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Six days late, Microsoft reveals the meaning of mystery patch KB 4033637


Karlston

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If you have a Win10 1607 machine and it automatically installed KB 4033637 last Friday, be of good cheer. Late last night, Microsoft documented it.

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Martyn Williams

Last Friday, Microsoft pushed a patch down the Automatic Update chute. Like so many patches before it, KB 4033637 was completely undocumented. Those running Win10 1607 who hadn’t taken steps to block forced patches found they had a newly revised program running on their systems — and nobody had any idea what the patch actually did.

 

Informed conjecture said it was an update to the Compatibility Appraiser, to help Microsoft upgrade machines to newer versions of Windows. Other guesses were all over the map. On Reddit, a poster relates how he called Microsoft and was told that it’s a hush-hush security patch for Flash. Microsoft’s own Answers Forum is littered with posts blaming KB 4033637 for system freezes, second screen problems, installation hangs and more.

 

One customer who had the temerity to ask about the patch was told by a Microsoft employee:

May we know why you're asking for this specific update? Are you having issues with it? Can you tell us the OS Build version of your computer if possible?

Mind you, this guy just wanted to know what in the blue blazes Microsoft had pushed onto his machine.

Early this morning, Günter Born posted a link on his Born’s Tech and Windows World site, pointing to a new entry in Microsoft’s Knowledge Base. It says:

Updates to Windows 10, Version 1607 for update applicability: August 30, 2017

This update includes diagnostic and functional improvements for determining the applicability of updates in Windows 10 Version 1607. The files and resources in this update ensure that feature updates are installed seamlessly to improve the reliability and security of Windows 10.

Devices will automatically get the update downloaded and installed through Windows Update.

That's all she wrote.

 

I don’t know how anyone can claim to run a moderately secure PC and have Automatic Update enabled.

 

Add your voice to the no-longer-silent majority on the AskWoody Lounge.

 

Source: Six days late, Microsoft reveals the meaning of mystery patch KB 4033637 (Computerworld - Woody Leonhard)

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I never keep them  on anymore even when I was on Windows  10  I  had them blocked with a firewall and  I just did updates once a month .. But with cumulative updates  I'm afraid when it comes too stuff like seeing if you're PC can be upgraded can't be avoided  unless  you block everything  from Microsoft  with a firewall . Because updates are cumulative and as soon as you do the next update for you're security  you will get this patch anyway ... So the only thing  would stop them from spying on  you would be block  them from calling home on you're  machine . Only other option witch is the most easiest  but maybe not the most secure way  is never do updates  and just keep them blocked this is a 100%  sure way you never get upgraded. But if you going do this why even use Windows 10?  if you' dont want updates you may well stay on Windows 7 witch runs out of updates in a few years anyway.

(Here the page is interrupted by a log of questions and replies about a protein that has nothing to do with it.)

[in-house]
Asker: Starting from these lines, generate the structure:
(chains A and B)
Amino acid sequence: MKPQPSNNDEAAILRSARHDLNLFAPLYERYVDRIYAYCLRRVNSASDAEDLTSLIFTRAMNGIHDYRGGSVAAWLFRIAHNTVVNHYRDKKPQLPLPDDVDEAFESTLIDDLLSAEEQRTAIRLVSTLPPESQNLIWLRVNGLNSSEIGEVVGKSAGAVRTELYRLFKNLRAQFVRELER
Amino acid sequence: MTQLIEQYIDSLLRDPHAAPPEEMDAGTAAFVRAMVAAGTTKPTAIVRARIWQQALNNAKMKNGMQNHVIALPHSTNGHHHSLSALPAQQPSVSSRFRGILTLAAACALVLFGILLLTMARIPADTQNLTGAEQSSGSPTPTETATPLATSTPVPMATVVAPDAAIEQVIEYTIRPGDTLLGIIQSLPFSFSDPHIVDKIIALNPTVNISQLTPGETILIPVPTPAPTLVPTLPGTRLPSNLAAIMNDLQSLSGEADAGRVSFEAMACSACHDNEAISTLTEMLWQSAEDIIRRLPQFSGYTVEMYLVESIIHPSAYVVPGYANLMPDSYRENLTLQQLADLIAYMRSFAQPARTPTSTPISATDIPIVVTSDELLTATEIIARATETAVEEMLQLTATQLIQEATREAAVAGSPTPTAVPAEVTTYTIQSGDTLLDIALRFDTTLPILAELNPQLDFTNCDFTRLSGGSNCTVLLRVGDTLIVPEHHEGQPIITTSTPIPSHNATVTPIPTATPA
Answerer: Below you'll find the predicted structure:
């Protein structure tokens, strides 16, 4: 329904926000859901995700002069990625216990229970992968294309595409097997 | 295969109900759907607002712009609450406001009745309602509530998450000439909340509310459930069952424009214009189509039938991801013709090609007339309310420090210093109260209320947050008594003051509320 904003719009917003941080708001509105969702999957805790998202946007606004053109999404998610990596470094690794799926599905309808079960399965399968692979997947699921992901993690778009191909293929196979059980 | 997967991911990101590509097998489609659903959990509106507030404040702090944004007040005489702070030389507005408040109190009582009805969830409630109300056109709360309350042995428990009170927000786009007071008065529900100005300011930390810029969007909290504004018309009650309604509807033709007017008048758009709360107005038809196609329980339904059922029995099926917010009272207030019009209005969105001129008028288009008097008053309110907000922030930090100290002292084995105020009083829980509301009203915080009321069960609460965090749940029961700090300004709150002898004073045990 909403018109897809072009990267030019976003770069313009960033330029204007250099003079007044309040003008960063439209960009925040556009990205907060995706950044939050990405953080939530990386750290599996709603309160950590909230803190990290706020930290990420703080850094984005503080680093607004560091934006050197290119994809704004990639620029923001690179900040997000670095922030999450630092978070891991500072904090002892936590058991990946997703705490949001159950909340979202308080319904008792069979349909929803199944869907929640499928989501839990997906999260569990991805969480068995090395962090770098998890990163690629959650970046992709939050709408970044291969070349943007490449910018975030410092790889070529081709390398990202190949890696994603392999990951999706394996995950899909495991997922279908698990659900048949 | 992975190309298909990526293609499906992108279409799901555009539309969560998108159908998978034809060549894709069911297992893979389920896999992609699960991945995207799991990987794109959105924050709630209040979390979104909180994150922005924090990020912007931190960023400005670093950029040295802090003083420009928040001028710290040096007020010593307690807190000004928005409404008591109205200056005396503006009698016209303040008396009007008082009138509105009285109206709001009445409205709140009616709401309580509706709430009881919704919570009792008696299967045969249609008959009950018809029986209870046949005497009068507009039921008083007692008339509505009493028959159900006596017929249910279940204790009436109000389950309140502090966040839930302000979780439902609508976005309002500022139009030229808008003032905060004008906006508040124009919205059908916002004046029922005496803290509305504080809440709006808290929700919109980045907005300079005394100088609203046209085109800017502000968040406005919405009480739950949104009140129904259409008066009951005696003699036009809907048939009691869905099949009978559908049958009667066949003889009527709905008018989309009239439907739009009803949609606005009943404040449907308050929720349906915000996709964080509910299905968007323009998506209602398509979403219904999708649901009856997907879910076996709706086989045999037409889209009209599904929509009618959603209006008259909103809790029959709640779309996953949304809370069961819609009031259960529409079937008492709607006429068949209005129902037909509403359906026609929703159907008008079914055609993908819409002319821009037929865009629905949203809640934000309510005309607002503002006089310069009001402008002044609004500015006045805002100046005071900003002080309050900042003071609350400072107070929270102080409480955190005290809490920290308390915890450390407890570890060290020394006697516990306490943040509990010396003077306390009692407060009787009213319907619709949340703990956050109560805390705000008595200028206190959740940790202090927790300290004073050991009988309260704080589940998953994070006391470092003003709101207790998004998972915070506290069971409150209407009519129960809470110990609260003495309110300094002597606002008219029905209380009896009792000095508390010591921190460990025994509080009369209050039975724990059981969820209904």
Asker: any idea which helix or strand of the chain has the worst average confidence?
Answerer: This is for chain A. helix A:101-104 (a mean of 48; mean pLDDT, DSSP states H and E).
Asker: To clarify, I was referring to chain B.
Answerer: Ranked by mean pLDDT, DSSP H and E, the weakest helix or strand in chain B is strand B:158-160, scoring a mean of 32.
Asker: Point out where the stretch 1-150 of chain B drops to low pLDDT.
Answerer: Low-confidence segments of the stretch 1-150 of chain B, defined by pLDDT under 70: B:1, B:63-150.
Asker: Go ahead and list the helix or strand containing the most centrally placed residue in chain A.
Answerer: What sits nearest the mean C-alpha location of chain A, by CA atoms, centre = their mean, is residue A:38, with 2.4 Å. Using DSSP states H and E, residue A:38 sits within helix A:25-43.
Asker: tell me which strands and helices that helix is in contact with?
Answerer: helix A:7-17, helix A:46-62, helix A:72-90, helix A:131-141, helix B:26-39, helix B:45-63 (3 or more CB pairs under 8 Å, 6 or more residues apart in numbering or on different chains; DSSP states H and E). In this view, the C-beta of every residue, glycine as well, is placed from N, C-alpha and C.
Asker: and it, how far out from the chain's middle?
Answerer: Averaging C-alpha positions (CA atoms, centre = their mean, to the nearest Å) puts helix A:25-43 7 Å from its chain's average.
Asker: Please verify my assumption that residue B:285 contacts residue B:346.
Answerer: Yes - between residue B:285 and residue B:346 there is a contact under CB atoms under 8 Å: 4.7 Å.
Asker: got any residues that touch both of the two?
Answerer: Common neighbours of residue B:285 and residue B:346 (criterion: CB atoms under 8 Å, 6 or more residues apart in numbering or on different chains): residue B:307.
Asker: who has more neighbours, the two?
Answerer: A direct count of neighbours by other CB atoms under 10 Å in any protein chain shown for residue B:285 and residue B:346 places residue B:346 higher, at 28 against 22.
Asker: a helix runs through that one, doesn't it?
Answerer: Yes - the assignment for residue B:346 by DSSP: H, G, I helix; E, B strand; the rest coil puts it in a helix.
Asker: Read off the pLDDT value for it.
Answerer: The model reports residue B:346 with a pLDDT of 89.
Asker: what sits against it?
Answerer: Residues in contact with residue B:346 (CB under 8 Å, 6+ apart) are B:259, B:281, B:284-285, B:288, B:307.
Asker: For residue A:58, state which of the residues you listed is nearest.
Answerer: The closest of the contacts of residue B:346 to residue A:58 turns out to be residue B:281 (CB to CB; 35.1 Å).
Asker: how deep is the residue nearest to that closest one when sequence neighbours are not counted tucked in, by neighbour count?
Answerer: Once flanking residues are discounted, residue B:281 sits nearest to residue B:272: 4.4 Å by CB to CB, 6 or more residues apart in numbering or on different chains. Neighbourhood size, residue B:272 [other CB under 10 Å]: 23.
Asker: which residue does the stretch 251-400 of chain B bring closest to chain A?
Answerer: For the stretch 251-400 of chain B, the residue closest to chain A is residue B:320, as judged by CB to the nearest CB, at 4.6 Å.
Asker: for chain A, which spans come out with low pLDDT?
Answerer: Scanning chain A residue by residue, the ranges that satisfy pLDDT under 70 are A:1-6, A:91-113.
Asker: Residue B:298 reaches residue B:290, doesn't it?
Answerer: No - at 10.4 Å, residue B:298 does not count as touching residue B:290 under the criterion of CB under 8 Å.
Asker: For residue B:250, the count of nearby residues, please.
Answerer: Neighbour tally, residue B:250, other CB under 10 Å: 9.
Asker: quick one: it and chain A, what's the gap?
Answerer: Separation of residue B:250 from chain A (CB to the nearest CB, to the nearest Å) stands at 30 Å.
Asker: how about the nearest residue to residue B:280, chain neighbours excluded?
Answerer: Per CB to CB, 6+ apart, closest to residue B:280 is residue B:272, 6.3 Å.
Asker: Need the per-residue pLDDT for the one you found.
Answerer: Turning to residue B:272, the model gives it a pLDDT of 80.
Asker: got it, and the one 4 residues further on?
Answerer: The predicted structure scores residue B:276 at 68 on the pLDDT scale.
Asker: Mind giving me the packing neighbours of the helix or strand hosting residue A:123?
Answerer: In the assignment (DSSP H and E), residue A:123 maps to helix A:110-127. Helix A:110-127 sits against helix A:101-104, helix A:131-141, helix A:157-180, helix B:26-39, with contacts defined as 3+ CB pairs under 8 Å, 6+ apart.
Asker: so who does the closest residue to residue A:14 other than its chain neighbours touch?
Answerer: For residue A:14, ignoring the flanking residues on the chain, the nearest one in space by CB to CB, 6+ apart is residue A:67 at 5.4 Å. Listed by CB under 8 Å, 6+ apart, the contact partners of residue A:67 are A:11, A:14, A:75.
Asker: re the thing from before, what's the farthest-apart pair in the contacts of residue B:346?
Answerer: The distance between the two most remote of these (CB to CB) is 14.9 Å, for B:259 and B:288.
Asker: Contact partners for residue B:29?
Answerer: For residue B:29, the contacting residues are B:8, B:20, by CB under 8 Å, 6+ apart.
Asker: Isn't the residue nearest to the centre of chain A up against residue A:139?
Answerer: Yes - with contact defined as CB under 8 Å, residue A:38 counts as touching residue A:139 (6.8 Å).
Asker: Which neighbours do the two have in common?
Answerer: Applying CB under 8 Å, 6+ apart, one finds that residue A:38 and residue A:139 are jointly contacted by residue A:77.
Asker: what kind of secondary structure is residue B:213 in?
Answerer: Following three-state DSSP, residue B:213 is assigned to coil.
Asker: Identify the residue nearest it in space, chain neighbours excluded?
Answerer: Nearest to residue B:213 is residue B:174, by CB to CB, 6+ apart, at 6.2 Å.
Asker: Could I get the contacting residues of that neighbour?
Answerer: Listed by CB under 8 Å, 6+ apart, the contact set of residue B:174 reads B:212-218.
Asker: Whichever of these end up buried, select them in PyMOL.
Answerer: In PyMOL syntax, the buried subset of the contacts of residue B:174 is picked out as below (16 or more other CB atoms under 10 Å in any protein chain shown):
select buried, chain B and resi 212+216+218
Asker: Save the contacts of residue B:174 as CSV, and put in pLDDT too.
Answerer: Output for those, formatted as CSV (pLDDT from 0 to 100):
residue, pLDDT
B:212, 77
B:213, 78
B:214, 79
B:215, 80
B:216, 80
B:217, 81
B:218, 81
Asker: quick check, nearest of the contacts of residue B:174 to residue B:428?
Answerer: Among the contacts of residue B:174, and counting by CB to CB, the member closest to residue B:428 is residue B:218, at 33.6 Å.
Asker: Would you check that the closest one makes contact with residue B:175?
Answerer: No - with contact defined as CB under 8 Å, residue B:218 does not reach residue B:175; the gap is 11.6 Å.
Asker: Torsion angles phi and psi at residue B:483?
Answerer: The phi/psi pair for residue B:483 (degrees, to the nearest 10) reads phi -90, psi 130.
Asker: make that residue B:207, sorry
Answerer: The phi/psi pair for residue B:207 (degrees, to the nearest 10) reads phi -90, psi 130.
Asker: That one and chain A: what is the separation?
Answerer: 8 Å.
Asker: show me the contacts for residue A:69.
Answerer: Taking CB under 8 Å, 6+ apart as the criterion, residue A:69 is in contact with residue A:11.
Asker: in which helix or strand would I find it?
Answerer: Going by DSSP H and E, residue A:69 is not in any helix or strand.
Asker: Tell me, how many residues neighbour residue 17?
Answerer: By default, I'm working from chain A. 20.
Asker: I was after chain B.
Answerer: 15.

Even on windows 8.1 if you turn windows updates off  Microsoft is always in the background.

 

See how  i keep them blocked even though i keep updates turned off.

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On Windows 10 it's much worse not only are they spying on you  but  if you don't block them they try too push updates on you and feed you force upgrades  and even blocking them  want really help too stop them from deeming you're PC is ready for the next Windows 10 upgrade  because they are millions of people many with  the same kind of PC as you that are working against you and don't block updates .

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I cut updates off for both Windows 7 and 8.1 in June 2015 and have not received any for either OS since.  Microsoft basically informed anyone who read all their news releases that they were going to do exactly what they are doing in Windows 10.  That they were going to take control of your system and you would no longer have a say in what was installed or run on it.  Though they had stated they were even going to have the ability to remove software packages you paid for that they didn't want on the system, I have not heard of them actually doing that, though some updates have prevented some software from running.  The fact that they threw these tidbits out and so many people still signed on to the Windows 10 Kool-Aid train is what surprised me.  Then the fact that now those same people are trying to stop what they signed up for is baffling.  They can have my Windows 7 at the same time they get my guns, when they pry my cold dead fingers from it.

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Have a couple of fully updated boxes — one on the 8.1 and the other running Windows 7 (both these machines are updated right up to the current August 2017 releases from Microsoft — clients machines, as well.):showoff:

 

That been said, I wholeheartedly agree that those who do not possess the skill-set to counter Microsoft's devious plans should not be using Windows Update. :sneaky:

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